Response to Letter by Xu and Liu
First of all, we would like to thank Drs Xu and Liu for their interest in our recently published article and their comments and discussions on the proper explanations of the trends of subtype stroke from 1984 to 2004 in Sino-MONICA Beijing population. Dr Xu addressed that the population aging might be an explanation for the shift of stroke subtype from hemorrhagic to ischemic. We think there should be discussion that helps to further clarify whether we should consider population aging as a contributor for the increasing in incidence rate of ischemic stroke and decreasing in hemorrhagic stroke.
We mentioned in the Discussion section of our article that the proportion of the population aged over 65 years increased from 7% in 1984 to 15% in 2004 in the Sino-MONICA Beijing population, an increase that was addressed as a main explanation for the increase in mean onset age of acute stroke events. This significant rise in proportion of aging population in later years of Sino-MONICA surveillance study would undoubtedly result in an increase in crude incidence rates of stroke. That is exactly the reason why we used age-standardized rate for all comparisons in our study. All the proposed interpretations regarded the age-standardized incidence rate of stroke. In other words, the observed trends of age-standardized incidence rates of ischemic stroke and hemorrhagic stroke may be explained by any other factors except population aging. We think it is very important for us to further estimate the attribute of population aging on crude incidence rates in the future.
Drs Xu and Liu mentioned in their letter that hemorrhagic stroke reached a peak at about 55 to 65 age group and began to decrease slightly thereafter, whereas the incidence of ischemic stroke increased continuously with the advancing of age. This conclusion is obviously different from our current knowledge and published evidence.1–2 The data in Table 1 showed age group specific incidence rates of hemorrhagic stroke from 1984 to 2004 in men and women of Sino- MONICA Beijing population. The incidence rate of hemorrhagic stroke increased with the advancing age from 25 to 74. In our study population, we did not find that population in 55 to 65 age group in any given observational year had higher incidence rate of hemorrhagic stroke than that in 65 to 74 age group.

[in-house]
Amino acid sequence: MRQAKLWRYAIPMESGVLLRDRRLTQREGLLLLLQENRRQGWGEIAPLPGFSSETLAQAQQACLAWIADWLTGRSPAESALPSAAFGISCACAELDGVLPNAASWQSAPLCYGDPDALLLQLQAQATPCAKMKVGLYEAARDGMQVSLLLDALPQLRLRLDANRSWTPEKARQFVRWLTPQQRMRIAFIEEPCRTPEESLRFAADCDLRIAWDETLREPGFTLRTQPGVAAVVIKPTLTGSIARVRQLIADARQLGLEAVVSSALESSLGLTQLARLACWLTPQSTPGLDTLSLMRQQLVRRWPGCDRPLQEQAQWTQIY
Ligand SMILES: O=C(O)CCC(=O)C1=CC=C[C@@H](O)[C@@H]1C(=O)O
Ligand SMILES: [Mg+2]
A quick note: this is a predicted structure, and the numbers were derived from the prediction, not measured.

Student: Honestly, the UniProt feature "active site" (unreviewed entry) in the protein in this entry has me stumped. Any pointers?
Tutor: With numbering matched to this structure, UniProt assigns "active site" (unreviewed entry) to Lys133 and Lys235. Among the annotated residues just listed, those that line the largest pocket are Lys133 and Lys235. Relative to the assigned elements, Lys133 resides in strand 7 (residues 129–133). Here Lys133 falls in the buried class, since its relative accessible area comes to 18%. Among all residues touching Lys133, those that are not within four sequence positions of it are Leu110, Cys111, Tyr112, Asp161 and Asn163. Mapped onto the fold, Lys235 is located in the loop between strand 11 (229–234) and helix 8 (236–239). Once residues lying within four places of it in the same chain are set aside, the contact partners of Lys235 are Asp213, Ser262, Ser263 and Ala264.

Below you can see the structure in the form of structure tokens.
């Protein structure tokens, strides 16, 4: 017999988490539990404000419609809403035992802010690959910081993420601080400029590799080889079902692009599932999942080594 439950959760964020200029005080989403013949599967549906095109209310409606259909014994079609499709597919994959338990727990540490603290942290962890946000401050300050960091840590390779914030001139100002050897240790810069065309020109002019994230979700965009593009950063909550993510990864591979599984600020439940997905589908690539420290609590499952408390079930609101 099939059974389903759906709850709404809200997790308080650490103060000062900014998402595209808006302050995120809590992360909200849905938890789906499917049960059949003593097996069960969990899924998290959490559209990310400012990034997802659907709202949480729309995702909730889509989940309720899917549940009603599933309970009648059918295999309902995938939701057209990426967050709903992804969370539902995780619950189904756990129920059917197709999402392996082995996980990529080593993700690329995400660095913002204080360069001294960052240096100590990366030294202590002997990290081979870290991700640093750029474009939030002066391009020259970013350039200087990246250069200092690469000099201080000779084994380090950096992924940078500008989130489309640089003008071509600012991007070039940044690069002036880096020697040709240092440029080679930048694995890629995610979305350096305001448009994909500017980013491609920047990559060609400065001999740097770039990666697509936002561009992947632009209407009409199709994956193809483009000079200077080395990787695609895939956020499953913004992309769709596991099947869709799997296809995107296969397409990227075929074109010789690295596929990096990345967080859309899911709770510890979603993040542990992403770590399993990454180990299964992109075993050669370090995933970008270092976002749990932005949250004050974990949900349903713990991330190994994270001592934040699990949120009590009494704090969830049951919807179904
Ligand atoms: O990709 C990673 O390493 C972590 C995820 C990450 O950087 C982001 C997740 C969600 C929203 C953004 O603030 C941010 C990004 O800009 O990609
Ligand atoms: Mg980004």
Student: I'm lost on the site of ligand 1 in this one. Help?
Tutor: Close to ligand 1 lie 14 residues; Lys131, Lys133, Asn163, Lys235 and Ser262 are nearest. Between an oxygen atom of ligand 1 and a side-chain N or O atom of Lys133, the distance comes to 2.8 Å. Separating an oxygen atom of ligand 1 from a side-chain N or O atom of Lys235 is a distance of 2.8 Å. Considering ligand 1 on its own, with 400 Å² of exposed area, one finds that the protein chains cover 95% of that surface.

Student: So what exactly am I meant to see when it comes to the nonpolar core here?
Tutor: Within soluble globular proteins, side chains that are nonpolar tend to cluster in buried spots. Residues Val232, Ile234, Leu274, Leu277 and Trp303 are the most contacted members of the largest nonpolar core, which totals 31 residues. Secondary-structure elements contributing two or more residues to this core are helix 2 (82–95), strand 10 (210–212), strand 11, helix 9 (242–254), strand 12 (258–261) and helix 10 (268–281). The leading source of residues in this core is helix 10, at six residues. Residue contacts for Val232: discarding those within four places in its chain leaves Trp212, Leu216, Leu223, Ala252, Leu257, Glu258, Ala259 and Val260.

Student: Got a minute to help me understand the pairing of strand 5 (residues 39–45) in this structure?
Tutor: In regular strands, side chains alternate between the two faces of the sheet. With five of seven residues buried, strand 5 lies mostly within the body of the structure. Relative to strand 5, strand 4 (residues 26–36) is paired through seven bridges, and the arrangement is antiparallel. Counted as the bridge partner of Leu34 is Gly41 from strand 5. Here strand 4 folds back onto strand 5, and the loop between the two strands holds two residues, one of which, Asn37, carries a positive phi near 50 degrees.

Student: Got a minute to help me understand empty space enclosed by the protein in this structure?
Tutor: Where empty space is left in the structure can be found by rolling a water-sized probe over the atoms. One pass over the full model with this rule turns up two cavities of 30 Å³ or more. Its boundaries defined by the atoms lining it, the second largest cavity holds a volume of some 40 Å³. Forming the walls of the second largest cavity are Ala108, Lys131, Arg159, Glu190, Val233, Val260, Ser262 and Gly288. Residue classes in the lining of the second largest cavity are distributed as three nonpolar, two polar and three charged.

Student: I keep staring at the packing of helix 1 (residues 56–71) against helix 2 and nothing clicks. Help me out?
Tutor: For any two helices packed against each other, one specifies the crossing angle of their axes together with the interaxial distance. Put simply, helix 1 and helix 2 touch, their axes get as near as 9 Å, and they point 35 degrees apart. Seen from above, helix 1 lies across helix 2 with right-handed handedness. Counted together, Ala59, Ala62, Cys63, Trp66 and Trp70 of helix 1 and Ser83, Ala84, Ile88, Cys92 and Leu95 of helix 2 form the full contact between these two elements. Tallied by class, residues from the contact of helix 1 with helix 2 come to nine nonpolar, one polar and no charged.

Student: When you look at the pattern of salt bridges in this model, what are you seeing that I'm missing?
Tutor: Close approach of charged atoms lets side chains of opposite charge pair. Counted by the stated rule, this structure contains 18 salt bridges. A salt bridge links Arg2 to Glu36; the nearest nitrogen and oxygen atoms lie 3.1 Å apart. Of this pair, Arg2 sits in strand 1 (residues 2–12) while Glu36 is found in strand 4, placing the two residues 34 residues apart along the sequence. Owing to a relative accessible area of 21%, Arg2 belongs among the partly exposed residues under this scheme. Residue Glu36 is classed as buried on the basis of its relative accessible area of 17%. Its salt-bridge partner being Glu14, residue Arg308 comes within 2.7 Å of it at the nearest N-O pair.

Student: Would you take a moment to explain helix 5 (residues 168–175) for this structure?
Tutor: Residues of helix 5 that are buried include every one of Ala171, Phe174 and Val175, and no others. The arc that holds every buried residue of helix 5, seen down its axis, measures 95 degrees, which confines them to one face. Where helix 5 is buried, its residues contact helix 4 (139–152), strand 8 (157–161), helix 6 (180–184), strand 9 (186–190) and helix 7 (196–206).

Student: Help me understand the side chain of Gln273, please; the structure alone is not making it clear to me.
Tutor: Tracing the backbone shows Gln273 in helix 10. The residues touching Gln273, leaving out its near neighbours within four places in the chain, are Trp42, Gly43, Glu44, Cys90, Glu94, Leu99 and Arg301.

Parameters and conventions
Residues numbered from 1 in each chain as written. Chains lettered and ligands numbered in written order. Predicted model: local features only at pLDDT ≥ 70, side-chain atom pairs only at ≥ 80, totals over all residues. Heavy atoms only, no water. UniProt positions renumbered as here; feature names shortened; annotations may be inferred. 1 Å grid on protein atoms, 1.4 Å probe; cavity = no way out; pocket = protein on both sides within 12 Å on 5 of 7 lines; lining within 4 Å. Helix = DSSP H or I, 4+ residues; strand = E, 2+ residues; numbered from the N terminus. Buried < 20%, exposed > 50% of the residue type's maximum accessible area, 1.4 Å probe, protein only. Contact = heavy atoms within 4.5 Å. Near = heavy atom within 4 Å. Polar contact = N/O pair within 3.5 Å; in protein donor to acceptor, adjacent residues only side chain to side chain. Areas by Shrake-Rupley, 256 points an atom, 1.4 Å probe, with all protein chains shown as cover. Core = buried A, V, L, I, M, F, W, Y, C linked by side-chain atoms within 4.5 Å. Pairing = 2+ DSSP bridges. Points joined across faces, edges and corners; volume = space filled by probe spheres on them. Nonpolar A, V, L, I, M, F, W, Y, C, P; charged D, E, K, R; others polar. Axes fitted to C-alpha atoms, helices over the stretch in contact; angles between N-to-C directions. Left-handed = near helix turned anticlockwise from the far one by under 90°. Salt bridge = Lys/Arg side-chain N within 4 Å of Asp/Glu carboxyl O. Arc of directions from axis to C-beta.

It is important to indicate that hypertension is a very important risk factors for both ischemic stroke and hemorrhagic stroke in Chinese people.3–5 But hypertension is much more closely associated with the risk of hemorrhagic stroke than with the risk of ischemic stroke. Table 2 showed the relative risk between blood pressure levels and risks of subtype stroke based on a large cohort study in China. After the effects of other risk factors were adjusted, the relative risk was 13.1 for ten-year risk of hemorrhagic stroke and 6.4 for ten-year risk of ischemic stroke in people with systolic blood pressure over 160 mm Hg or diastolic blood pressure over 100 mm Hg whereas the people with normal blood pressure level was taken as compared group.5 Therefore, it is a logical and reasonable generalization that the significant increase in control rates of hypertension observed in the same population may be one of the explanations for the significant decrease of age-standardized incidence rate of hemorrhagic stroke. We believe there are many other contributors for the observed trend of subtype stroke. Additional model studies are needed for an interpreted evaluation of contribution of different risk factors to the observed trend of stroke in Chinese population, included population aging.
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